Consumer Trends

Good for business: A flu season plan of attack

Woman sneezing in restaurant
Photograph: Shutterstock

Anywhere people gather, there is increased risk for the spread of flu, and restaurants are a hot spot for the transmission of flu germs. That means operators must take extra measures to maintain a healthy environment—for employees and for customers—to minimize the impact of flu in the workplace.

Fortunately, it’s not too late to create a plan of attack for flu season, which typically begins in October and peaks from December through February. While it is difficult to predict how severe this season will be, now is the time to take action to keep restaurants healthy.

The thought of exposing patrons to the virus is unsettling, but operators also know all too well the staffing and productivity issues that employee illness can cause. So, putting a flu prevention plan in place today can be good for business throughout the season.

Attacking influenza from multiple angles

Take the following steps to help prevent the spread of influenza and keep patrons and employees healthy:  

Encourage vaccination. Flu vaccines are widely available and affordable, but businesses often don’t do stress them enough among employees. The CDC recommends that businesses encourage seasonal flu vaccines, so consider hosting a flu vaccine clinic in the workplace or providing resources to employees on where they can get their vaccination. Additionally, review sick leave policies and encourage sick workers to stay home without any reprisal. “Businesses should visit, where free resources are available to help prepare for flu season,” says Amna Handley, MSN, FNP-C, CIC, Director of Clinical Development for Georgia-Pacific.  

Reinforce proper hand hygiene. Handwashing is a must to prevent foodborne illness, but it’s also a strong weapon against flu virus. In fact, the National Restaurant Association says handwashing is “dangerously overlooked.” Restaurants can promote the practice by providing convenient and hygienic handwashing solutions and reiterating how crucial proper handwashing is to a healthy environment. Experts believe flu viruses are transmitted by droplets from coughing, sneezing or talking and hands that come in contact with contaminated surfaces, then the face. “A reminder about covering coughs and sneezes and educating employees about the importance of not touching their eyes, nose and mouth can help prevent exposure to the virus,” says Handley.

Regularly sanitize—and reduce the number of common touchpoints. The flu virus can live on surfaces like doorknobs, counters, common serving areas and tables. Simple cleaning is not sufficient to remove it. “A routine cleaning and sanitizing schedule should be in place,” Handley continues. Restaurants should pay special attention to self-serve areas where guests obtain items like cups, condiments and utensils. Touchless dispensers that provide utensils one at a time, for example, are preferable to open bins that are exposed to multiple guests throughout the day. Touchless dispensing can also help reduce germ exposure, according to a study from the American Journal of Infection Control. In fact, guests are more likely to actually use soap and paper towels if they come from automated, touchless dispensers.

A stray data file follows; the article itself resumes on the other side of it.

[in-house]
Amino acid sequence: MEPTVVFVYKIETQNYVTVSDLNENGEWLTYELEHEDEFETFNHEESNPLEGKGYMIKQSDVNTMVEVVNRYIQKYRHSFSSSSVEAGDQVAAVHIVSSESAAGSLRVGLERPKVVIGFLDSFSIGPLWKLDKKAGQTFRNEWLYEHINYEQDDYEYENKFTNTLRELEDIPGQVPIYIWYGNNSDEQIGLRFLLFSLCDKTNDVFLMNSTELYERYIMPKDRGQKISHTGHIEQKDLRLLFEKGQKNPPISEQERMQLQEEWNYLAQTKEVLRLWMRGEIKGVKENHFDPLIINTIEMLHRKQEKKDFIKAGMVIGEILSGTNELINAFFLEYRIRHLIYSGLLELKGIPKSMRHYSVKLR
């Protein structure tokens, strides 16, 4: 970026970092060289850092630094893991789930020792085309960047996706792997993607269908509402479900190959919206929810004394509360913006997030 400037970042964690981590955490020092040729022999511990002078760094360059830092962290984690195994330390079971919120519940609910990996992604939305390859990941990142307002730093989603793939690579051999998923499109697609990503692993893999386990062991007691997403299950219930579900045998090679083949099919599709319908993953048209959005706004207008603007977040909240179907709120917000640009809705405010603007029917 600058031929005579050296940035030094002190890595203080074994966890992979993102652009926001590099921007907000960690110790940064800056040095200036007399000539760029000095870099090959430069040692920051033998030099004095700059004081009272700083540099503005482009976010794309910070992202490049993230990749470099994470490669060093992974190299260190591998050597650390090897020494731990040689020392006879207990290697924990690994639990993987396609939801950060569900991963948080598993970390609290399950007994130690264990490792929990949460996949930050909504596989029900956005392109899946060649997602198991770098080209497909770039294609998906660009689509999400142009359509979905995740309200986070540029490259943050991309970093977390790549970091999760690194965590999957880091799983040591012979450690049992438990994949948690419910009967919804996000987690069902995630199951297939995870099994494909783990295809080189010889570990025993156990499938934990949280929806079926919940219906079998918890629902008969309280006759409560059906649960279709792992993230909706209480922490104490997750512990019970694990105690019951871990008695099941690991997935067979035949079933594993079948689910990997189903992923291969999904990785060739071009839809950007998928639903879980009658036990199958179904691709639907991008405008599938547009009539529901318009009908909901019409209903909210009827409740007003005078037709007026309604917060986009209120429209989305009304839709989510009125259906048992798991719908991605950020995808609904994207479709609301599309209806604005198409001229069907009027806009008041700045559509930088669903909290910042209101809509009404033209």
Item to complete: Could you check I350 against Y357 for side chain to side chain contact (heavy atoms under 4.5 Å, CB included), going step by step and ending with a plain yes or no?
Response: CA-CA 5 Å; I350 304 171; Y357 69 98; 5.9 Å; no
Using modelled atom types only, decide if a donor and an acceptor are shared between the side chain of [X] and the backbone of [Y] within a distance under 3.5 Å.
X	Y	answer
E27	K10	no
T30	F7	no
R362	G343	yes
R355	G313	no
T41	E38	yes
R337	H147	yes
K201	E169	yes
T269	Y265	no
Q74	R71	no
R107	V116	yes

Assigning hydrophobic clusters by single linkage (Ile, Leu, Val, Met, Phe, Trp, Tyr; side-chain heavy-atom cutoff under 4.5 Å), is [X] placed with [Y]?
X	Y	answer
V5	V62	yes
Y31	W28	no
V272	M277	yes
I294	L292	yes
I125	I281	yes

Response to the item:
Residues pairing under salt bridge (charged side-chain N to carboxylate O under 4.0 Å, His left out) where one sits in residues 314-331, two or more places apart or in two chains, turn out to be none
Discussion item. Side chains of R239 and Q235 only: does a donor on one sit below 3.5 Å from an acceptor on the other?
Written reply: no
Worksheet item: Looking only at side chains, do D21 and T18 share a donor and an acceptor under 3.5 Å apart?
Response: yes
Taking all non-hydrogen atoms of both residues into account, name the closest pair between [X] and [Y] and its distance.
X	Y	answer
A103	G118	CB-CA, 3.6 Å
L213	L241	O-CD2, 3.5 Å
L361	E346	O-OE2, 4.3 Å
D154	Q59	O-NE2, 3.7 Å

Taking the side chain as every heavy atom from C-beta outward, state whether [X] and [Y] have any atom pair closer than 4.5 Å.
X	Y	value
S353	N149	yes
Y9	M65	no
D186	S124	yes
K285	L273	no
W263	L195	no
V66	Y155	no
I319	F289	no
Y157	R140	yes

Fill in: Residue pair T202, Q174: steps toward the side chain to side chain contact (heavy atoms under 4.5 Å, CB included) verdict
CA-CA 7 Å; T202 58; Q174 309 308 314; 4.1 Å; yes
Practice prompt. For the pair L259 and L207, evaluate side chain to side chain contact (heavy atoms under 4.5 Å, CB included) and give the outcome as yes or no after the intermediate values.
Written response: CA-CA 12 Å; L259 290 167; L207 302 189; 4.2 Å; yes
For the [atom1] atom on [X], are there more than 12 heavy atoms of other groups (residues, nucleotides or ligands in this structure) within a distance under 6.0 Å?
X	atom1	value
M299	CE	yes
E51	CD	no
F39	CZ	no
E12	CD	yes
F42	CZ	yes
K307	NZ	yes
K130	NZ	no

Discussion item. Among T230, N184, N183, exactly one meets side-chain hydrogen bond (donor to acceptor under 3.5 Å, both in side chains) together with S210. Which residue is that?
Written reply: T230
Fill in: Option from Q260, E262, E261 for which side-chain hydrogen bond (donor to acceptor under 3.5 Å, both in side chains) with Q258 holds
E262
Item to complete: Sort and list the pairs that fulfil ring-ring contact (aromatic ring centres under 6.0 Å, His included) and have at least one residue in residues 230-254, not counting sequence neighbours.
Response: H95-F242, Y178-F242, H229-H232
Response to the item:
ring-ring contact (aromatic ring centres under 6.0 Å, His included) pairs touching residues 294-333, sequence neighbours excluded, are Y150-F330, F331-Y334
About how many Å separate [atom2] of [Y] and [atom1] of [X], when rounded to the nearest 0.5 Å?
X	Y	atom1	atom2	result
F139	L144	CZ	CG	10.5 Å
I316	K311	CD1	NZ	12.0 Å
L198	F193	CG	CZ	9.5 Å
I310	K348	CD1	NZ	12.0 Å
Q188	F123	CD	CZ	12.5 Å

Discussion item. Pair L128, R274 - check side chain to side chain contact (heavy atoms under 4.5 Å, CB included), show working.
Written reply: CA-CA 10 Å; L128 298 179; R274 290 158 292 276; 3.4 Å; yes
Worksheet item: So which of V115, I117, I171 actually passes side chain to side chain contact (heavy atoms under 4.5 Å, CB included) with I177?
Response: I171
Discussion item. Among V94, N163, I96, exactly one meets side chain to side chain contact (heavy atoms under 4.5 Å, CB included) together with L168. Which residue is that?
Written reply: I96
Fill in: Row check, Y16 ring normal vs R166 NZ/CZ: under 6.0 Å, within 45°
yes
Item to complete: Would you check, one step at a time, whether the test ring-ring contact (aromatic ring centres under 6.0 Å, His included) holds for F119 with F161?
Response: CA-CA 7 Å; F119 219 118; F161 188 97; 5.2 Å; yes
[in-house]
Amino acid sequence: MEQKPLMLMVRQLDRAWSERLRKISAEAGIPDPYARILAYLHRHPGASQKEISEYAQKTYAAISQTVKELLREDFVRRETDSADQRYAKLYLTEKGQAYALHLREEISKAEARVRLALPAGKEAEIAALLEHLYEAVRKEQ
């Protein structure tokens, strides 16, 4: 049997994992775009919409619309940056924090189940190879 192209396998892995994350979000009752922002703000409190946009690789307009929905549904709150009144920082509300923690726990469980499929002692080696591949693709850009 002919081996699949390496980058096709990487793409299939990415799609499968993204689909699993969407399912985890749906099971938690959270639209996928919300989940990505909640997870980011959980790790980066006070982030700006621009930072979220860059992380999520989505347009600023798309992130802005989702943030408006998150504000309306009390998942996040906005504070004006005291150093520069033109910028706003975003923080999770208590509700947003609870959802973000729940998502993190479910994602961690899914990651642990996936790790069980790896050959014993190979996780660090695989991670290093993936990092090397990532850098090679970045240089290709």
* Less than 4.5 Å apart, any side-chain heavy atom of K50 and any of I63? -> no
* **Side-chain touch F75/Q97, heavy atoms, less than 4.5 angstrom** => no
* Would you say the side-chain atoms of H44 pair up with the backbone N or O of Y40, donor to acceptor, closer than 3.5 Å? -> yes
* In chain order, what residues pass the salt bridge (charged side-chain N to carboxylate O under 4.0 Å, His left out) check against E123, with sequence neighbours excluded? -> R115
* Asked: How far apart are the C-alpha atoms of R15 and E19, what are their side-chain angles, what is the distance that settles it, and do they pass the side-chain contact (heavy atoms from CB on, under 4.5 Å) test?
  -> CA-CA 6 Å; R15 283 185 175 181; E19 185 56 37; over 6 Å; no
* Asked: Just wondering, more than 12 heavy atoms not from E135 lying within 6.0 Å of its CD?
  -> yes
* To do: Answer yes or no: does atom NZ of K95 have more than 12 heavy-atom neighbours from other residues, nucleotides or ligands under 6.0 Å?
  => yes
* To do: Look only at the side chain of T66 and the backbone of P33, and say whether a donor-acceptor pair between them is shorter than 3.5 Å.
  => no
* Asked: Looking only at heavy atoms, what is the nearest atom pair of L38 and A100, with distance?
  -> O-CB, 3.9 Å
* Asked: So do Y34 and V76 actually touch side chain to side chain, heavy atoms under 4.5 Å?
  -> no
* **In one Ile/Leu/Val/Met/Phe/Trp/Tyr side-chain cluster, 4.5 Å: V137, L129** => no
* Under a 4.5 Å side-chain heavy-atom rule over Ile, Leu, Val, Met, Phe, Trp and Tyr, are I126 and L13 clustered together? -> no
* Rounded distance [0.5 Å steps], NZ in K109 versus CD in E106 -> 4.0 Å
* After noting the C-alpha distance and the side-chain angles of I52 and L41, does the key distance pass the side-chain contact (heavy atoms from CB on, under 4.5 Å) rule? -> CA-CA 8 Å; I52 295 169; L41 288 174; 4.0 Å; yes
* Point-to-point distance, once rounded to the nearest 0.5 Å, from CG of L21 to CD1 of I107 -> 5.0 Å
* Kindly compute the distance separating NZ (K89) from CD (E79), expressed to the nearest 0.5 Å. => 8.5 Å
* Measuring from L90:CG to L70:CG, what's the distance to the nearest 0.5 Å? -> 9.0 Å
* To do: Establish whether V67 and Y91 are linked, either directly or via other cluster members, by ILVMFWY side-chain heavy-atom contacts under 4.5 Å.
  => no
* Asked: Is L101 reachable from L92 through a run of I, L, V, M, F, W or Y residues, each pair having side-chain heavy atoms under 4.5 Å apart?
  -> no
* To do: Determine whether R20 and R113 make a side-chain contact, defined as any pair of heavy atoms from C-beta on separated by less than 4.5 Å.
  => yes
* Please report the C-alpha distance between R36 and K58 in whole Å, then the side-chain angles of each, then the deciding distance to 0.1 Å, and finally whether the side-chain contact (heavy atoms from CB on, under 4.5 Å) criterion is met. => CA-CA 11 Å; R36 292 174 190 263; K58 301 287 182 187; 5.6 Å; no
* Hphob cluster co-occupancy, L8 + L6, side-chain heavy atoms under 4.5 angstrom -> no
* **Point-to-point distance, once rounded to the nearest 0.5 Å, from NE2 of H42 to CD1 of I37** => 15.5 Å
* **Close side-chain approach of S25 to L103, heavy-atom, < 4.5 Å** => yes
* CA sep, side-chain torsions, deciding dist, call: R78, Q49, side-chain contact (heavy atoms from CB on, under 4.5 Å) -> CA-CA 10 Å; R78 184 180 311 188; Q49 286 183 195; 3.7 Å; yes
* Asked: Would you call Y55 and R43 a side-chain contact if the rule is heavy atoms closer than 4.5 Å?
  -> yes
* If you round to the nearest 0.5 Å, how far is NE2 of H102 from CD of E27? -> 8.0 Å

Change underlying attitudes. A recent study reveals that about half of foodservice workers report to work despite being sick, typically because they don’t want to lose pay, but also because they don’t want to let their team members down. Therefore, management must be clear to workers that bringing their illness into the workplace does no one a favor. When employees develop symptoms of the flu, they should be encouraged to stay home. “The message should be that ‘we value your health and wellness and your presence as a productive member of the team,’” says Handley. “And to do that, operators need to encourage vaccination, provide products the staff needs to perform their job properly, review their policy for sick workers, and have a contingency plan in place for when people are out sick.”

By being proactive about the flu, operators can help reduce the likelihood of the illness spreading in their restaurants.

This post is sponsored by Georgia-Pacific, manufacturer of GP PRO and Dixie® brand solutions


Exclusive Content


Restaurants have a hot opportunity to improve their reputation as employers

Reality Check: New mandates for protecting workers from dangerous on-the-job heat are about to be dropped on restaurants and other employers. The industry could greatly help its labor plight by acting first.


Some McDonald's customers are doubling up on the discounts

The Bottom Line: In some markets, customers can get the fast-food chain's $5 value meal for $4. The situation illustrates a key rule in the restaurant business: Customers are savvy and will find loopholes.


Ignore the Red Lobster problem. Sale-leasebacks are not all that bad

The decade-old sale-leaseback at the seafood chain has raised questions about the practice. But experts say it remains a legitimate financing option for operators when done correctly.